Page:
Ok, the headline is probably a bit of a lie. It’s very likely that Cincinnati Reds reliever Amir Garrett won’t strike out everyone during the 2019 season. But his doctor thinks there’s a chance that he’s going to find more strikeouts this season. It’s not that the left-hander was injured last season and is now healthy. Well, not exactly. According to Garrett, he got contacts on Thursday.

In 2018 with the Reds, Amir Garrett had a solid season. He posted a 4.29 ERA in 63.0 innings out of the Cincinnati bullpen. That came with 8 home runs allowed, 25 walks – 3 of which were intentional, and 71 strikeouts. The 26-year-old certainly missed plenty of bats. He struck out 27% of the hitters he faced last season. That was second on the team, trailing just Raisel Iglesias by 0.6%.

If there was one place you would point to where Amir Garrett struggled, even if it’s just a little bit, it was in the walk department. His walk rate was 9.5% on the season. That was exactly league average for a reliever. So it’s definitely not like he was bad in the area. It was just an area in which he could improve upon.

As I wrote a little over a week ago, there are some reasons to think that Amir Garrett could take a step forward in 2019 for the Reds. With his eyesight improving thanks to contacts, there’s now another reason to think it could happen.

Starting pitchers this spring – at least for now

What we do know is that despite some talk about potentially seeing Amir Garrett return to the Reds rotation, that isn’t going to be happening this year. Mark Sheldon of Reds.com, though, did provide a list of the pitchers who will be getting starts this spring. The Reds 5-man rotation was already settled, assuming everyone is healthy, when the spring began.

Beyond those five guys, though, the Reds need to be prepared. It’s possible that someone could get injured before the spring is complete. They will also have some guys in Triple-A who will be starting as depth in case of future injuries, further developmental needs, not enough room in Cincinnati, etc. Here’s the list, via Mark Sheldon, of pitchers who will get stretched out a little bit this spring:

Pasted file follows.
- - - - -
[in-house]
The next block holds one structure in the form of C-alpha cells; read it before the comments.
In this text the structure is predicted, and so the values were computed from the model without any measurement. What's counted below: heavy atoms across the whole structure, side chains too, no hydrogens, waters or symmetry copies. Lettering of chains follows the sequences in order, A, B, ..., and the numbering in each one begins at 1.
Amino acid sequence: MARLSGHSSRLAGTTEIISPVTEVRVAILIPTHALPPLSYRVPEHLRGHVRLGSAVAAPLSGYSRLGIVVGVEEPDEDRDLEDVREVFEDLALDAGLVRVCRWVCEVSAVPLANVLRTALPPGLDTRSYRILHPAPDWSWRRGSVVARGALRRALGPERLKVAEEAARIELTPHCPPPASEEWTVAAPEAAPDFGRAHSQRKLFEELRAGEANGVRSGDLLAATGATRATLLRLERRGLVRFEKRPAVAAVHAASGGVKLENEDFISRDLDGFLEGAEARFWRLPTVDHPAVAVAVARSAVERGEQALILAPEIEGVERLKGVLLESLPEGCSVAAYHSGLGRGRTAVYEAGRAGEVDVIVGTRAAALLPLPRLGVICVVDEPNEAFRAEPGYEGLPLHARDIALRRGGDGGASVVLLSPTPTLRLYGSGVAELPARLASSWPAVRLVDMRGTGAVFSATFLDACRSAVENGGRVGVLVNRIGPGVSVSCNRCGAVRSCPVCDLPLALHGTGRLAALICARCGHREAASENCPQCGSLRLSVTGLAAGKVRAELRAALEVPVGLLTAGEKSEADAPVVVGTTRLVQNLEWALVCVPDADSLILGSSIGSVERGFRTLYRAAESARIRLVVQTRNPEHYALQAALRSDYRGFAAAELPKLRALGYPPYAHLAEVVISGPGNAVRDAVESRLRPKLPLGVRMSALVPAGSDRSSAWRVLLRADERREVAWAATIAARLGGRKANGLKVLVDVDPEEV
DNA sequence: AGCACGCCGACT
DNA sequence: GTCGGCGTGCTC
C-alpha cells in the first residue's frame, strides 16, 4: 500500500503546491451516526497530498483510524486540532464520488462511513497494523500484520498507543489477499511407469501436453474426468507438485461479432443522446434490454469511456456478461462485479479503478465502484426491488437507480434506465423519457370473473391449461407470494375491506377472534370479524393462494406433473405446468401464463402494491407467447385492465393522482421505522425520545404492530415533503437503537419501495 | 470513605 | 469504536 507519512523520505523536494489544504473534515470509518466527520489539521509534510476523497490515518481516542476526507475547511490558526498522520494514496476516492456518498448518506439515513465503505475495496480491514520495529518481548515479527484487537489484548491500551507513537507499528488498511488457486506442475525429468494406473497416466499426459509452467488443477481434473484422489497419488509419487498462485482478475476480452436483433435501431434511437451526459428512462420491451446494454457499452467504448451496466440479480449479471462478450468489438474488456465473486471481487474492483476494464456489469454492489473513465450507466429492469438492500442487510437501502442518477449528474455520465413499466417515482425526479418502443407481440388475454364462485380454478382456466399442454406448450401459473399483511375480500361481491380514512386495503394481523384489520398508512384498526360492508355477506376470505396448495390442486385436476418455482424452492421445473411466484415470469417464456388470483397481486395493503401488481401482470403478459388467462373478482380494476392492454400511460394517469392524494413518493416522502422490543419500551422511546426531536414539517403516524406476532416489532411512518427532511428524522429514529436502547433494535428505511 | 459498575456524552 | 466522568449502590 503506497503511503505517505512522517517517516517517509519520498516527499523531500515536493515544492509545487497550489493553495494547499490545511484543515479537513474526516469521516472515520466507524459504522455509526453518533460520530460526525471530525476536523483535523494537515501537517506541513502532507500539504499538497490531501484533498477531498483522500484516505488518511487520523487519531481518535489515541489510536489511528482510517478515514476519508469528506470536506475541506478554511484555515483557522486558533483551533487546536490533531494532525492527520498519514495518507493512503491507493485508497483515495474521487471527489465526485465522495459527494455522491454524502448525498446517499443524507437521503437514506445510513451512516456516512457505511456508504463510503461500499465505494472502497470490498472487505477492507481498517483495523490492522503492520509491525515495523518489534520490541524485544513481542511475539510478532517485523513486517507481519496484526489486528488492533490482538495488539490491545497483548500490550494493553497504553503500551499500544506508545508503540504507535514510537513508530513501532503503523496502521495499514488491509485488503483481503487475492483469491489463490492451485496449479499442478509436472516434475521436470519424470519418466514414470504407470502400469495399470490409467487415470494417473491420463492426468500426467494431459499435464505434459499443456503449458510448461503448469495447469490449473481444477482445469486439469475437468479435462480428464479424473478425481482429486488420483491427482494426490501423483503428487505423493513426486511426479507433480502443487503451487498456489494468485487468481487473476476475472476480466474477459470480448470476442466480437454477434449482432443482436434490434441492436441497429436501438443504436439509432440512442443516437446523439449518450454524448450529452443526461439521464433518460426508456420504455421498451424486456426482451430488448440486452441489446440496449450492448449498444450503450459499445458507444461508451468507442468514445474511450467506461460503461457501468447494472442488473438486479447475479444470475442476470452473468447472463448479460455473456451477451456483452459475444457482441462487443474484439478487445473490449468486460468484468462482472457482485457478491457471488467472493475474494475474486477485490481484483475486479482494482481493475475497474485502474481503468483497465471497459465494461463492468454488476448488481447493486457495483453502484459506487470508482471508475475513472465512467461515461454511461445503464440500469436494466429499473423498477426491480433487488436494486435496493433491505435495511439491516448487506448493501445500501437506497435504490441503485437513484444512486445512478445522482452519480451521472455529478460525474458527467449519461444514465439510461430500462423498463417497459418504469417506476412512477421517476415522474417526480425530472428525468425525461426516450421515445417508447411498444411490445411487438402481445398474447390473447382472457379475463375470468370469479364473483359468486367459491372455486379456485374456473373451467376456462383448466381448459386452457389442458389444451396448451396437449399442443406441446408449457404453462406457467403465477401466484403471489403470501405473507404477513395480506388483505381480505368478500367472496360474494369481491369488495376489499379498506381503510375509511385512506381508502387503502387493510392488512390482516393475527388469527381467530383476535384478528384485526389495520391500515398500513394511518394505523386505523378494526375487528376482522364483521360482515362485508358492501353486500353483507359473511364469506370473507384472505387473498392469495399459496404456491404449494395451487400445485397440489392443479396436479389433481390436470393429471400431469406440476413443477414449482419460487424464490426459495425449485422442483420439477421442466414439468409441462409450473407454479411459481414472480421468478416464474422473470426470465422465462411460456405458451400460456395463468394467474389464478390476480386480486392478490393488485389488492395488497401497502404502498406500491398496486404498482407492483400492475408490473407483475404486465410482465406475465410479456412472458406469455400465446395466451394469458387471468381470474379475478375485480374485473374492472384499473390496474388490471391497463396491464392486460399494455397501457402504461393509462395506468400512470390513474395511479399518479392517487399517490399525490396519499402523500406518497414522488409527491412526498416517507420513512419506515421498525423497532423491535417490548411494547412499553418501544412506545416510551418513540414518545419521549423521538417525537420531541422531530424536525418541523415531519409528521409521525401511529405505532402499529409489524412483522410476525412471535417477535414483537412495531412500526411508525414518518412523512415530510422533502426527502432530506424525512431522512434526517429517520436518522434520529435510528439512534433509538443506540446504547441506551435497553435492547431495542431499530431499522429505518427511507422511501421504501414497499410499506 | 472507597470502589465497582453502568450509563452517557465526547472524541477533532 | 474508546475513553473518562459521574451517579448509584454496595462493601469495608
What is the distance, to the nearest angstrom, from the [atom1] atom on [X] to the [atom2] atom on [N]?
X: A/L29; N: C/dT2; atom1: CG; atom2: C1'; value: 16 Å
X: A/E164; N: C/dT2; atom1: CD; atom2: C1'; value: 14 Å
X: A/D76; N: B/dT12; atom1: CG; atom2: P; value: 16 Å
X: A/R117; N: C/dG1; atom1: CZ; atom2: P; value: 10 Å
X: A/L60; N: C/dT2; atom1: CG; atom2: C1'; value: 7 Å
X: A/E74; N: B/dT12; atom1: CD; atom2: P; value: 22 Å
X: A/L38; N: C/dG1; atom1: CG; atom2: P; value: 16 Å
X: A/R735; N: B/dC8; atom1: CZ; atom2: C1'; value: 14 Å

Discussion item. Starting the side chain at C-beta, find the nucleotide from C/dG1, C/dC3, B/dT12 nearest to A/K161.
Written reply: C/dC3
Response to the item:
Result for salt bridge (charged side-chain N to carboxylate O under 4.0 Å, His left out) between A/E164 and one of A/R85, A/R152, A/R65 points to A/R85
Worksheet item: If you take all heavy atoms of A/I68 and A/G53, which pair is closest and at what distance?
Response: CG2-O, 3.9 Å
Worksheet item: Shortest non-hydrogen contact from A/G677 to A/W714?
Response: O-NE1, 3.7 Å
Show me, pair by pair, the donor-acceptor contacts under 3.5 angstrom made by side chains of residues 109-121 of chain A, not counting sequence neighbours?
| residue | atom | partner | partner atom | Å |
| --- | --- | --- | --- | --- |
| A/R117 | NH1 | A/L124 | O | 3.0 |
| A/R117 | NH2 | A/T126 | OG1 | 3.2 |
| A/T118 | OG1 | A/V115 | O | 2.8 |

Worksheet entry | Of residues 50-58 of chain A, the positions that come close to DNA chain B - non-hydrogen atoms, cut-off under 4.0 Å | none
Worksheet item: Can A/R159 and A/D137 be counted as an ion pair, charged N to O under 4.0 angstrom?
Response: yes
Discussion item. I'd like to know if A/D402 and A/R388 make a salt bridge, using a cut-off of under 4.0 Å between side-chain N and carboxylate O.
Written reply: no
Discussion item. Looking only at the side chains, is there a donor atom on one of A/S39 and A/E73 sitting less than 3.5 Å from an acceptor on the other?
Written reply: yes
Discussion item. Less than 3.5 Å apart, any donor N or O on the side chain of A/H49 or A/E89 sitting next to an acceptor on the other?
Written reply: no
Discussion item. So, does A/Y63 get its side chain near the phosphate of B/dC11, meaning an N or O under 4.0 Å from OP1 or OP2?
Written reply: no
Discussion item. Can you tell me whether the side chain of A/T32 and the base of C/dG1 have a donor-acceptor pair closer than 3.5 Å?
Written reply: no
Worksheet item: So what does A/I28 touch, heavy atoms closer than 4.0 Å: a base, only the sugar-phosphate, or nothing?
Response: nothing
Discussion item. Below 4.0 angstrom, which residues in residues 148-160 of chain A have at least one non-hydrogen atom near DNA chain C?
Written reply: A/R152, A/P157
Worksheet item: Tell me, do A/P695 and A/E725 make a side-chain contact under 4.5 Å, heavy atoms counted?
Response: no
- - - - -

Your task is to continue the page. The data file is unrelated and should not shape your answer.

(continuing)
• Brandon Finnegan – LHP
  • Cody Reed – LHP
  • Michael Lorenzen – RHP
  • Robert Stephenson – RHP
  • Sal Romano – RHP
  • Tyler Mahle – RHP

It’s incredibly likely that some of these guys wind up in the Reds bullpen to begin the year. But some of them are likely to wind up in Triple-A, too. The bullpen seems to have a few spots up for grabs and they are likely to go to guys in this group.

Photo Credit: Hayden Schiff. Licensing for the photo can be found here.

13 Responses

  1. Matt Hendley

    Shame on you for a sensationalist headline lol. Really though, Mahle, reed, Finnegan all go to AAA. Forst 2 for thier rotation, the last….ew…..romanos a toss up, Stephenson, well there is no choice there unless there is a trade avalible. Garrett with the ‘glasses’ sort of a major league match?

    • Doug Gray

      He’s going to come into the game on Opening Day wearing these bad boys.

      • Mason Red

        “Give him the heater Ricky”….

      • Tservo

        I’d settle for the Zig-zag Rick Vaughn haircut…

  2. CI3J

    What we do know is that despite some talk about potentially seeing Amir Garrett return to the Reds rotation, that isn’t going to be happening this year.

    I think you meant to say that isn’t going to be happening EVER. Garrett says he likes relieving, the Reds have a plethora of starting options (and there is a bumper crop of FA starters available next offseason), so I don’t see any reason why Garret would ever end up back in the rotation again. Let’s not go down this “will he, won’t he” road again that we obsessed over with Chapman for far too long.

    Garrett is a reliever, and that’s where he’s likely to stay for his career.

    • IndyRedsFan

      Well ci3j, I’m glad you cleared that up for us. Have you informed the Reds of your decision?

      • TR

        I’m sure someone in the revamped Reds front office regularly checks the opinions of Redleg Nation.

      • CI3J

        Yes, I’m glad I could clear it up for you too.

        More to the point, why would I need to tell the Reds? They have already informed us of their decision as evidenced by the fact there has been zero talk of Garret moving back to the rotation after a full season as a reliever last year. And, like I said, given the plethora of in-house options and free agents next offseason, Garrett would be pretty low on the list of potential starters for the Reds going forward.

        After what we witnessed with Chapman, there’s no point for us as a fanbase going through the “will he, won’t he” spiel each year again. There’s no point thinking of Garrett as a potential starter until the Reds and Garrett himself indicate they are open to it. Don’t hold your breath waiting for that day ever to come.

    • BK

      I would like to see more consistency and see Garrett go from solid to special this season. If he were to establish a habit of tossing multi-inning gems, then the Reds may consider using him as a starter again. I would not read to much into what a player states public publicly about his role preferences. I also think from his demeanor, it’s important for Garrett to fully embrace his role as a reliever. This year, I don’t see his role changing.

  3. KiwiNati

    Are eye tests part of the standard physicals players have to do? There are probably multiple things happening with Cody Reed, but all of that business with his lucky goggles and squinting always seemed pretty dodgy to me. Are there baseball players making many thousands or millions of dollars whose performance is hindered by the fact that they don’t want to acknowledge they need glasses?

    • Matt Hendley

      Has an option remaining, also in the Bats rotation, he will be a productive red but his time is not yet.